One of the books I've been reading for fun this summer is Karen Armstrong's The Case for God. I haven't read any of Armstrong's other books, but this one is great--a defense of religion that's quite unlike most defenses of religion, including those from the left. For one thing, Armstrong is ridiculously learned, which means that her book ranges confidently through Eastern and Western religions, and their historical developments and intersections. Her essential claim is that all religions (though the Abrahamic faiths are her primary focus) are at their core not about theology, or accepting a specific set of beliefs, but about the attempt to apprehend the unknowable and to live a life that reflects that attempt. In less skilled hands this might boil down to a vague, just-be-nice-to-others-and-go-to-yoga form of spirituality, but Armstrong's book is so deeply rooted in the particulars of different faith traditions that this doesn't happen.
From my perspective, the most important point Armstrong makes is that fundamentalism--taking sacred texts literally--is a quite recent development, and one that emerges out of a desire to hitch religion to scientific rationalism. As such, fundamentalism isn't about going "back to basics" at all: it's an active rejection of the richer and more complicated reading practices (and, Armstrong would argue, of the religious experiences) of centuries of believers. This impoverished understanding of religion also underlies the more dogmatic and crusading of today's atheists, who assume that fundamentalists are, as they claim to be, the only authentic exemplars of religious belief.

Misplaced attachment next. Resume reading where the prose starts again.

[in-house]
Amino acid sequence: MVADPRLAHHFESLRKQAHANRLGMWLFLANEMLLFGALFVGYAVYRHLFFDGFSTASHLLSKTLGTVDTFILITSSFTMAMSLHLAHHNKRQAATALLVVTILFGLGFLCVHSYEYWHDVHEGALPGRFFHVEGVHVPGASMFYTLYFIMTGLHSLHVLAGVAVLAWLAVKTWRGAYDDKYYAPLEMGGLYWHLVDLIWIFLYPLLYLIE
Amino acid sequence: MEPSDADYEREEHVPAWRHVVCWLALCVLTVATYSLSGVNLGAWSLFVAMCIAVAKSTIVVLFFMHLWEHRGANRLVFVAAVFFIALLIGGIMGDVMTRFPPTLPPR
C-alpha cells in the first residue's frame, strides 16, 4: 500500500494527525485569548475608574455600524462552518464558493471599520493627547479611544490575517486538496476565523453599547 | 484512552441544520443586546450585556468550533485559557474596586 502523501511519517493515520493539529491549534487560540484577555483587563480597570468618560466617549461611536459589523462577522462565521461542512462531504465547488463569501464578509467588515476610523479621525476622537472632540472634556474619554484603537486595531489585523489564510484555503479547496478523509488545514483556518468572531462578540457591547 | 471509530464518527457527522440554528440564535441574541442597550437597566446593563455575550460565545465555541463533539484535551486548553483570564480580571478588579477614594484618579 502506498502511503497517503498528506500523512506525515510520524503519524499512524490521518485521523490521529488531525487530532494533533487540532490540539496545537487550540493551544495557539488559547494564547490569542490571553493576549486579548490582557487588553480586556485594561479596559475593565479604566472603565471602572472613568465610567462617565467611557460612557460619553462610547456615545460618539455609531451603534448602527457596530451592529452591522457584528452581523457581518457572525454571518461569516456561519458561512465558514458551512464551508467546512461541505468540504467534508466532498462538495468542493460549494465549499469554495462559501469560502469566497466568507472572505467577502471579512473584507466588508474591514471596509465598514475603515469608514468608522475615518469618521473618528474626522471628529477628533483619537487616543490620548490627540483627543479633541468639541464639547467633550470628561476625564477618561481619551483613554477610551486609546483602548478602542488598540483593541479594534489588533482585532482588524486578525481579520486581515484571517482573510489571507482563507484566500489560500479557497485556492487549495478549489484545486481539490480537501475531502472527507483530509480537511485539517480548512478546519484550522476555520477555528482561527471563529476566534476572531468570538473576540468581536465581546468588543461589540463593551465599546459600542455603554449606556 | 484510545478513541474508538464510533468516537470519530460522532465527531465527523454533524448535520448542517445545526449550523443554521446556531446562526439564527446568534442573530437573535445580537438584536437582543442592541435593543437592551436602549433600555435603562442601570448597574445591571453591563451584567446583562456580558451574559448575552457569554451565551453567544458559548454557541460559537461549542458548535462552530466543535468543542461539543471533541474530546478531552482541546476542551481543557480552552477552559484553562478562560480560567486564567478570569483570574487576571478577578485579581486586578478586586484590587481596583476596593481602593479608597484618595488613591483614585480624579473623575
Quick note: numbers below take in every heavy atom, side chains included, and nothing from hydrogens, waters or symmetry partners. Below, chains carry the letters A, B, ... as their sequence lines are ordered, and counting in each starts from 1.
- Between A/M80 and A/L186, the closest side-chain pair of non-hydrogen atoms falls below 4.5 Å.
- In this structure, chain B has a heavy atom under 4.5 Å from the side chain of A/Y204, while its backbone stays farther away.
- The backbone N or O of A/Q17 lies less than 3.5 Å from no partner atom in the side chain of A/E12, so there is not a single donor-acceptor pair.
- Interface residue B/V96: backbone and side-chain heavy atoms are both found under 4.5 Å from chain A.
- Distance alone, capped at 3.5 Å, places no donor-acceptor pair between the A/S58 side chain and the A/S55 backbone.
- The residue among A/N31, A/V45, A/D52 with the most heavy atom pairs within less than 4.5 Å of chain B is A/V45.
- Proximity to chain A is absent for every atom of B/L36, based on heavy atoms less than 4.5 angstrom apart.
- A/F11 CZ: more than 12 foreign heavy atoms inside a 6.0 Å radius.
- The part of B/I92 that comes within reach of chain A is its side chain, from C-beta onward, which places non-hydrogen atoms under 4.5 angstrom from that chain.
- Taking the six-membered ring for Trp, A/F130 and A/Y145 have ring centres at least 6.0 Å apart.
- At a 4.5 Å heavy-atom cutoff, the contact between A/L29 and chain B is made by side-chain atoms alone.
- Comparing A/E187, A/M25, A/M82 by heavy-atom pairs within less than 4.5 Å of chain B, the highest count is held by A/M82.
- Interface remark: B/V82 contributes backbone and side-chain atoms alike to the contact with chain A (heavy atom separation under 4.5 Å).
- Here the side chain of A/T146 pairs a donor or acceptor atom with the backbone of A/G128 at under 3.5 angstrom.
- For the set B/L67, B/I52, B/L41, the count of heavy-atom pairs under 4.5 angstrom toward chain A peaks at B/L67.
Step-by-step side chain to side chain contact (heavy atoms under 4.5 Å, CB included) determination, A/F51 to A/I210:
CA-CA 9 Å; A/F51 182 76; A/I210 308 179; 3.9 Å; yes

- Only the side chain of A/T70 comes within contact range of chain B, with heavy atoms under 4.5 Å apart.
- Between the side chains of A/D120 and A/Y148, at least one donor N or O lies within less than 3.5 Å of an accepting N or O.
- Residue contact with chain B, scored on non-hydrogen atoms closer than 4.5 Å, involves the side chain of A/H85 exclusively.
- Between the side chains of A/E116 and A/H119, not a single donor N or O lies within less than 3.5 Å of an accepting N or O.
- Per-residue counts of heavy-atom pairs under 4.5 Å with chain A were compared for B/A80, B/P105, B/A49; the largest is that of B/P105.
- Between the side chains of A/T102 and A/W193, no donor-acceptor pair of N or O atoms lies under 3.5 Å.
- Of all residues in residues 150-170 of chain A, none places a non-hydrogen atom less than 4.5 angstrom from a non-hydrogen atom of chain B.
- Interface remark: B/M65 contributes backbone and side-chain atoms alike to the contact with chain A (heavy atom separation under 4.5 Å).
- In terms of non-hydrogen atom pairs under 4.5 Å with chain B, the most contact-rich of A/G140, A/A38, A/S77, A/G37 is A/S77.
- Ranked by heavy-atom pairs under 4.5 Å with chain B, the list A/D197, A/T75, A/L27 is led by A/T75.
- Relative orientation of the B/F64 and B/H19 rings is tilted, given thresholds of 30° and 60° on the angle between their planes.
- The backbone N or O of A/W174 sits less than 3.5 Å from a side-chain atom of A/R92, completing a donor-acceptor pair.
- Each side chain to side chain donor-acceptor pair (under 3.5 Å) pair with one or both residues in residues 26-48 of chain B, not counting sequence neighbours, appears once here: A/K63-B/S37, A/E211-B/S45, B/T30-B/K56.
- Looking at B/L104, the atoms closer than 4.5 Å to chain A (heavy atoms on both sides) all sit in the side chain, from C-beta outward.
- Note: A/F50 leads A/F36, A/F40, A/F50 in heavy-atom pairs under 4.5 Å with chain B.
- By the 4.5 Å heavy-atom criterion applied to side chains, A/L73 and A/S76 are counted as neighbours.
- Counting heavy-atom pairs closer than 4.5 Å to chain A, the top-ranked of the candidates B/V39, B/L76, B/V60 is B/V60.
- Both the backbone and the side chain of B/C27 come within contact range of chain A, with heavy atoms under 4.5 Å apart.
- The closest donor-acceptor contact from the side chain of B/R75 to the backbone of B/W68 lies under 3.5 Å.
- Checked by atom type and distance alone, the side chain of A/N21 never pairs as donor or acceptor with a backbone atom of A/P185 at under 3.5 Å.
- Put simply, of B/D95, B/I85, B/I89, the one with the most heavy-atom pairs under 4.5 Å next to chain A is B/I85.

There are things to quibble with in Armstrong's book, which is, in its mild-mannered way, polemical and somewhat partial. But it's a refreshing and invigorating read for those who care about religion and the varieties of religious experience.